The data were analyzed using the SigmaStat statistical program, version 3.1 (Systat Software, San Jose, CA). The analysis of variance (ANOVA and ANOVA on ranks), supplemented by test Student-Newman-Keuls or a Dunn, was used for the remainder of statistical analysis, which included the development score data, rejection and cell proliferation score. Difference was considered statistically significant when P < 0.05.

Results

In relation to assessment of the development of the fetal small bowel graft in isogenic transplantation after seven days of follow-up, the results showed that the development was significantly lower in the ISO-IPC group compared to the ISO-Tx group. The ISO-FK group and ISO IPC-FK group showed higher scores development of the graft as compared to ISO-IPC group (Figure 1).

FIGURE 1 Development of the fetal small bowel graft in isogenic transplantation (ISO) after seven days of follow-up. ISO-Tx transplanted without treatment; IPC, transplanted submitted prior to remote ischemic preconditioning; Fk transplanted treated with Tacrolimus. *P <0.05 vs. ISO-Tx; #, P <0.05 vs ISO-IPC.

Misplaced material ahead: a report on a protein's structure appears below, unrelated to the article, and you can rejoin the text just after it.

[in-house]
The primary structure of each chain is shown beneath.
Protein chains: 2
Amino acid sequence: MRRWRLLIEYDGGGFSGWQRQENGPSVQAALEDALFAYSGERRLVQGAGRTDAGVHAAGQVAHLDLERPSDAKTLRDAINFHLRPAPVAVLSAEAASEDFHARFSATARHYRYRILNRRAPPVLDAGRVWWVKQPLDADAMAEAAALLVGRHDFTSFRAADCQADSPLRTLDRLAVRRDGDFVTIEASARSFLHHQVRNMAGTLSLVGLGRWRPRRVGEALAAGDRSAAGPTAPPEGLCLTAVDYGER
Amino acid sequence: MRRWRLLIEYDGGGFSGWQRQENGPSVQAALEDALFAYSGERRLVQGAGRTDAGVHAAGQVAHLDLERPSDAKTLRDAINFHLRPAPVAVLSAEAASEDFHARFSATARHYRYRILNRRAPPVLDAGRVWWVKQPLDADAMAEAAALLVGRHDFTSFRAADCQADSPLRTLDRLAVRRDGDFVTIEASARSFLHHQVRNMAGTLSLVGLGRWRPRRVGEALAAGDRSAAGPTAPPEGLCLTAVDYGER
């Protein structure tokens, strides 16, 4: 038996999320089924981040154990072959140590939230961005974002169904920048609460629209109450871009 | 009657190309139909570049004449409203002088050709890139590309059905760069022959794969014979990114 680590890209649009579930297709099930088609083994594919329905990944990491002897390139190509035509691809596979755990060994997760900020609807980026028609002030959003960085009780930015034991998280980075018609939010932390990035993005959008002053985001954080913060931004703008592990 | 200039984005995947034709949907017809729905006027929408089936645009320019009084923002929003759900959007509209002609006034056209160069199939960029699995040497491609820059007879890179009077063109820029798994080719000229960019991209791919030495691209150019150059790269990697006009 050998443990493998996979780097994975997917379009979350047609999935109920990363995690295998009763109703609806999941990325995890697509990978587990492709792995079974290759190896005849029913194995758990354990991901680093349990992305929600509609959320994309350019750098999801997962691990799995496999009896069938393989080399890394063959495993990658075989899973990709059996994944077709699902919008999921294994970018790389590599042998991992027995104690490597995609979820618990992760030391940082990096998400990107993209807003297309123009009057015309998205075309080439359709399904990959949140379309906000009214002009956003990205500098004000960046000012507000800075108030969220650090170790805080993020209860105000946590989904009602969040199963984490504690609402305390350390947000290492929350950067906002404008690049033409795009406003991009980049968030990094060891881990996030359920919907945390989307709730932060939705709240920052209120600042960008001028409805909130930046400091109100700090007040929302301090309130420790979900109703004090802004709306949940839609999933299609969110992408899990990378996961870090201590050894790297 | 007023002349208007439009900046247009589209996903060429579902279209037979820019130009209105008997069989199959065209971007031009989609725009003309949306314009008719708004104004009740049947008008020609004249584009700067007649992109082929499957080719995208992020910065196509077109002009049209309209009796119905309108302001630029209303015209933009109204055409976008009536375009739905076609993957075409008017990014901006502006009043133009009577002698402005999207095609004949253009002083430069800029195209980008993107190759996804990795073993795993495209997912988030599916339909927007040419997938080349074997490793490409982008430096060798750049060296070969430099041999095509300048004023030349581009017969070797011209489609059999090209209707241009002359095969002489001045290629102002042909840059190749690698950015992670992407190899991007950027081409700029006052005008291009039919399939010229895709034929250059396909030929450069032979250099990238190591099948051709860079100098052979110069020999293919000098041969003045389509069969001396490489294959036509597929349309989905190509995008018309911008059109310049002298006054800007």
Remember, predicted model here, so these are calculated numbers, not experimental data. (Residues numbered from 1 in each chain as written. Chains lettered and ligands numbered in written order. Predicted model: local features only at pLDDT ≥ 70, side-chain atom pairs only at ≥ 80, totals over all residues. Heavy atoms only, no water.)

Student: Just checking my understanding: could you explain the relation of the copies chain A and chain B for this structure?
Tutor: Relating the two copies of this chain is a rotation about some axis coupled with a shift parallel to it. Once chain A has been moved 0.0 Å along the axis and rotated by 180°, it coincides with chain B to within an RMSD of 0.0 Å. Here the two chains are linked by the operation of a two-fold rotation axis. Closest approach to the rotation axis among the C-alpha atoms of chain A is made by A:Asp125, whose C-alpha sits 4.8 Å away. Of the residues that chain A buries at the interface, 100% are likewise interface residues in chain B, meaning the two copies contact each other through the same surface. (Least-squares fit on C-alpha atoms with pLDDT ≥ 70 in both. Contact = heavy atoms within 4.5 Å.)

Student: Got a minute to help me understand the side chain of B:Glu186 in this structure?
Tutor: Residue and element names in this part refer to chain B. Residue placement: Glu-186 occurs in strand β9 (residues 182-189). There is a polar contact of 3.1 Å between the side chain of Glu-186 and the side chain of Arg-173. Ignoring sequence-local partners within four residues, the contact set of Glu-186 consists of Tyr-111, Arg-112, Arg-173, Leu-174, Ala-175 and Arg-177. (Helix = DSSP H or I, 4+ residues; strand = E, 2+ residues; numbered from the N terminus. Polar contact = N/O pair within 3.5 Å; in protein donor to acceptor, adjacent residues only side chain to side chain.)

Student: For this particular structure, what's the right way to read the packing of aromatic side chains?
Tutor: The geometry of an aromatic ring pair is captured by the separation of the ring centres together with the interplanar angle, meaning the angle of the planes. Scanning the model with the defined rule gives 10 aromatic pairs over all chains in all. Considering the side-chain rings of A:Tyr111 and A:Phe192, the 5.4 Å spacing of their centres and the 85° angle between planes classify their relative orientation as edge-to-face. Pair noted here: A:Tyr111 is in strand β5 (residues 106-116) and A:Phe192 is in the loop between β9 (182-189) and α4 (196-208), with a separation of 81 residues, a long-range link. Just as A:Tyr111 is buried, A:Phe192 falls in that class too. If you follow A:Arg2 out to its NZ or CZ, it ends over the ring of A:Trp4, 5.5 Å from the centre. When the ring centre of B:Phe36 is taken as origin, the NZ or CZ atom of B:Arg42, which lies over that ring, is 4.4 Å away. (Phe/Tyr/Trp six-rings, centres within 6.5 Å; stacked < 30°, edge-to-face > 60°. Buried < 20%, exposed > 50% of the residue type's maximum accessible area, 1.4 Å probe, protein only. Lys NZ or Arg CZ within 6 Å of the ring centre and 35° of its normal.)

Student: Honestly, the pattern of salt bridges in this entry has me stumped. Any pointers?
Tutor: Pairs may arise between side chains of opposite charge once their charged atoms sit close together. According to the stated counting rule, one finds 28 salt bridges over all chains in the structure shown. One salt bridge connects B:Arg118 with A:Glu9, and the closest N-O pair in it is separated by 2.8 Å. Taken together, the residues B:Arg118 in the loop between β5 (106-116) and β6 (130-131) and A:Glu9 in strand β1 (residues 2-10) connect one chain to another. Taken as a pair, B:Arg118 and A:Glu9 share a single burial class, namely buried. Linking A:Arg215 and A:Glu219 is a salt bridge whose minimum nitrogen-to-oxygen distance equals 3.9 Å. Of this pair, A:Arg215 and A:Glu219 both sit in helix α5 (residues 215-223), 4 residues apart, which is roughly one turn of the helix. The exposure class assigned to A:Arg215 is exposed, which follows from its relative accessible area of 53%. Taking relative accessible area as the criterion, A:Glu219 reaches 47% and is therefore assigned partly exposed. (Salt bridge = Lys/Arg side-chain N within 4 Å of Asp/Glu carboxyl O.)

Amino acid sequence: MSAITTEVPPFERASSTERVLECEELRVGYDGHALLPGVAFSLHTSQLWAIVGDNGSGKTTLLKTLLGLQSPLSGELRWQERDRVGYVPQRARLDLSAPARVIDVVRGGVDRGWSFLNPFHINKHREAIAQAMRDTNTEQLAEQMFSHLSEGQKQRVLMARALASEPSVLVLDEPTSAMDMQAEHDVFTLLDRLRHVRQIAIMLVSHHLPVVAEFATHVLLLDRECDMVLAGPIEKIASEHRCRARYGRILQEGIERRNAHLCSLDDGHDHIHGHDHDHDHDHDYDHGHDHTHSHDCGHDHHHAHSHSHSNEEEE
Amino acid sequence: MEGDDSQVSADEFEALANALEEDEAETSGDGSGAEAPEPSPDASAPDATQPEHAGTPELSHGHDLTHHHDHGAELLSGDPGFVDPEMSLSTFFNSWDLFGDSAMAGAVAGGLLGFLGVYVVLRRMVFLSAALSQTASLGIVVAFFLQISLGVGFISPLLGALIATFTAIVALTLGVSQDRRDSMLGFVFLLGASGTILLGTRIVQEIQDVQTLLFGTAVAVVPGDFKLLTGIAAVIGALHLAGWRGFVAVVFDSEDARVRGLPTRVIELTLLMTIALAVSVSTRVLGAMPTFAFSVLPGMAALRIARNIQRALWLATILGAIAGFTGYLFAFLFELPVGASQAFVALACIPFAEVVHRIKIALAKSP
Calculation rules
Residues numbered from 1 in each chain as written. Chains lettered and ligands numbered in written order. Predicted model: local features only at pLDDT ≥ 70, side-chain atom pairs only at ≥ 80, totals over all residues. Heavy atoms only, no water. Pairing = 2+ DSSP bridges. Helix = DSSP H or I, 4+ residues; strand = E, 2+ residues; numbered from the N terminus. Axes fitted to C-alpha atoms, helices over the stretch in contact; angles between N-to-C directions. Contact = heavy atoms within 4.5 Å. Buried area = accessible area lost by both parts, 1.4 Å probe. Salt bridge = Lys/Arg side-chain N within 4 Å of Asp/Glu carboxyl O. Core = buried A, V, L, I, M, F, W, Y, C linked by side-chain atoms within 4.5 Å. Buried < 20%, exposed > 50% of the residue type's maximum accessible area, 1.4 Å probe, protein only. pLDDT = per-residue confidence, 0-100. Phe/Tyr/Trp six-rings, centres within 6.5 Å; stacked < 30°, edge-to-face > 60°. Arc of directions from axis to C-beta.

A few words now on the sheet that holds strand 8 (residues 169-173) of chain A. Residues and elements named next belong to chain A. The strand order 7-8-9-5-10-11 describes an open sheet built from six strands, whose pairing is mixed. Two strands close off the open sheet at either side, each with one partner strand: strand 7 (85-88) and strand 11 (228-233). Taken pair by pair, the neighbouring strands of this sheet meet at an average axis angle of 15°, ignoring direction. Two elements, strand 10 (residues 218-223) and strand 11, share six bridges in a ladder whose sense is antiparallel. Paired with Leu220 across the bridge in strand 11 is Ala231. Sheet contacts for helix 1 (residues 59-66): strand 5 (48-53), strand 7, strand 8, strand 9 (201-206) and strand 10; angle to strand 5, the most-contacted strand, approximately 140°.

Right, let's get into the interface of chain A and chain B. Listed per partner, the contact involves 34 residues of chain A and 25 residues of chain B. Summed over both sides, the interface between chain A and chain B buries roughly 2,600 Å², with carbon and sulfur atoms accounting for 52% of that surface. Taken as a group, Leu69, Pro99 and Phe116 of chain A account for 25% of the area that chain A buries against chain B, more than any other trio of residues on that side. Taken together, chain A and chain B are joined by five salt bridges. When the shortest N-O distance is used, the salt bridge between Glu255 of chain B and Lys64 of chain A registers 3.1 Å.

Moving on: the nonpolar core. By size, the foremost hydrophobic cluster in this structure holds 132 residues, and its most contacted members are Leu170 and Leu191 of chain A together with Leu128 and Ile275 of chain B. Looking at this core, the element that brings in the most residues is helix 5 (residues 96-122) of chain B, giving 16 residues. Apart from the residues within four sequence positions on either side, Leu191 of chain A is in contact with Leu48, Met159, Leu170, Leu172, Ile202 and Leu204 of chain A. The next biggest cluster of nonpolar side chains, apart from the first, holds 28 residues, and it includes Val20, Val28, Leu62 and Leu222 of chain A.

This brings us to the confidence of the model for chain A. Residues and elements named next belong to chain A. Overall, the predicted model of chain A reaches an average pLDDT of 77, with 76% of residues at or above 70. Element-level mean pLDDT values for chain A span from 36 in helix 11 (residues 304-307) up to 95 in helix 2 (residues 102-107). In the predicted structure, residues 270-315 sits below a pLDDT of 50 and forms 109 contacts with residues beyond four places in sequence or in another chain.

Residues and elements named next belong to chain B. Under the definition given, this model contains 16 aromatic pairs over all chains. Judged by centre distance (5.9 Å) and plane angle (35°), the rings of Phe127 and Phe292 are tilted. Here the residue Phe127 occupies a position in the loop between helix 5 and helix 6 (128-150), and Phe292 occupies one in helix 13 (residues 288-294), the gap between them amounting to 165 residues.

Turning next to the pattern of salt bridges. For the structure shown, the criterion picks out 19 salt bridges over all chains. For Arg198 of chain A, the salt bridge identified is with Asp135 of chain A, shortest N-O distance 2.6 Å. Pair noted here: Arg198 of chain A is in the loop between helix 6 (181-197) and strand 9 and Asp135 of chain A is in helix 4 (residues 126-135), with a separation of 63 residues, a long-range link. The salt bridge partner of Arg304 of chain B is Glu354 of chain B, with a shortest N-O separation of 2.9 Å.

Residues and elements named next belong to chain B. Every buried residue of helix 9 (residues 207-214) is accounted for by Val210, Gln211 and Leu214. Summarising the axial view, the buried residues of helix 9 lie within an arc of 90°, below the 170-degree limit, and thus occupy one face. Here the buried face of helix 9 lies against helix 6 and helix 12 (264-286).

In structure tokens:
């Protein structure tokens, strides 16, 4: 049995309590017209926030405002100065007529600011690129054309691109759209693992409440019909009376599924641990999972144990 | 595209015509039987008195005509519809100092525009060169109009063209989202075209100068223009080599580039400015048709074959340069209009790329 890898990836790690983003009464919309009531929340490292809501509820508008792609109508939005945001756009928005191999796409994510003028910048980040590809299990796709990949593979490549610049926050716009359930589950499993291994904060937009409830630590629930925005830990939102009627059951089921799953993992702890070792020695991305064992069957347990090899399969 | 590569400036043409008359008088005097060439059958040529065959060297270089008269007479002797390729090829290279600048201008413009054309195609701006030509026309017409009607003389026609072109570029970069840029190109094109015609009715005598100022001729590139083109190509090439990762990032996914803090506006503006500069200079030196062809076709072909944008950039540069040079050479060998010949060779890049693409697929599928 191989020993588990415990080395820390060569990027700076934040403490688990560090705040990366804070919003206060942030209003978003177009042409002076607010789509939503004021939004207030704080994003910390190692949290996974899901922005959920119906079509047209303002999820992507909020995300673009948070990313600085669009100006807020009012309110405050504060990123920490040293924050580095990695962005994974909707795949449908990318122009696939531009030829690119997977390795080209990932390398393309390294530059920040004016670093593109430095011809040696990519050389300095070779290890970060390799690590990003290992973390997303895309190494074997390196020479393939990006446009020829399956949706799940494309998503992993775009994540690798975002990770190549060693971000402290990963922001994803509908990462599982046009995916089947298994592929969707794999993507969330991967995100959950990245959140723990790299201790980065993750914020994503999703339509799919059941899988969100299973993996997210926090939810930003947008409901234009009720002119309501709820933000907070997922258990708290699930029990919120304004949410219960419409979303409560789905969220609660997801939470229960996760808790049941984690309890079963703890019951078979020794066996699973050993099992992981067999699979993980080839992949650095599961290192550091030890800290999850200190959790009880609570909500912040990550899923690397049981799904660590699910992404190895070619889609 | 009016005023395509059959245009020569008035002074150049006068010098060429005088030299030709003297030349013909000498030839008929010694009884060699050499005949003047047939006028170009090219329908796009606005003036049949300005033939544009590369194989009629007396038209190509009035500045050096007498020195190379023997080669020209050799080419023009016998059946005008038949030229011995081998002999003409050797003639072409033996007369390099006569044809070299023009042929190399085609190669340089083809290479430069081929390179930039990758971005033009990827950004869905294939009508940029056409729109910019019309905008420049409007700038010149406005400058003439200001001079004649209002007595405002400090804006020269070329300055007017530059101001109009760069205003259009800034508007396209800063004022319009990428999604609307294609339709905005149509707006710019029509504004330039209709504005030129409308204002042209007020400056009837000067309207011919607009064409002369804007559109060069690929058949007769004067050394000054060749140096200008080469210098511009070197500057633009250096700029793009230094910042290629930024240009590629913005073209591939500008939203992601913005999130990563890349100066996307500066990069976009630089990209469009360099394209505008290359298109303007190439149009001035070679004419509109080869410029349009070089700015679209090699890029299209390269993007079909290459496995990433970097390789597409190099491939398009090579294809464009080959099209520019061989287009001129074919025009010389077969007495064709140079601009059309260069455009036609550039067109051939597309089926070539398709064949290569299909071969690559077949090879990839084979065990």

Already in allogeneic transplant group, the evaluation of the fetal small bowel graft showed that the development was significantly higher in the groups treated with tacrolimus when compared to ALO-Tx or ALO-IPC group. The IPC-R did not change significantly the development of graft in multiple comparison groups (Figure 2). However, the comparison between two independent groups, ALO-ALO and Fk-Fk-IPC, significance was observed (p = 0.035) to the beneficial effect of IPC-R in terms of development score.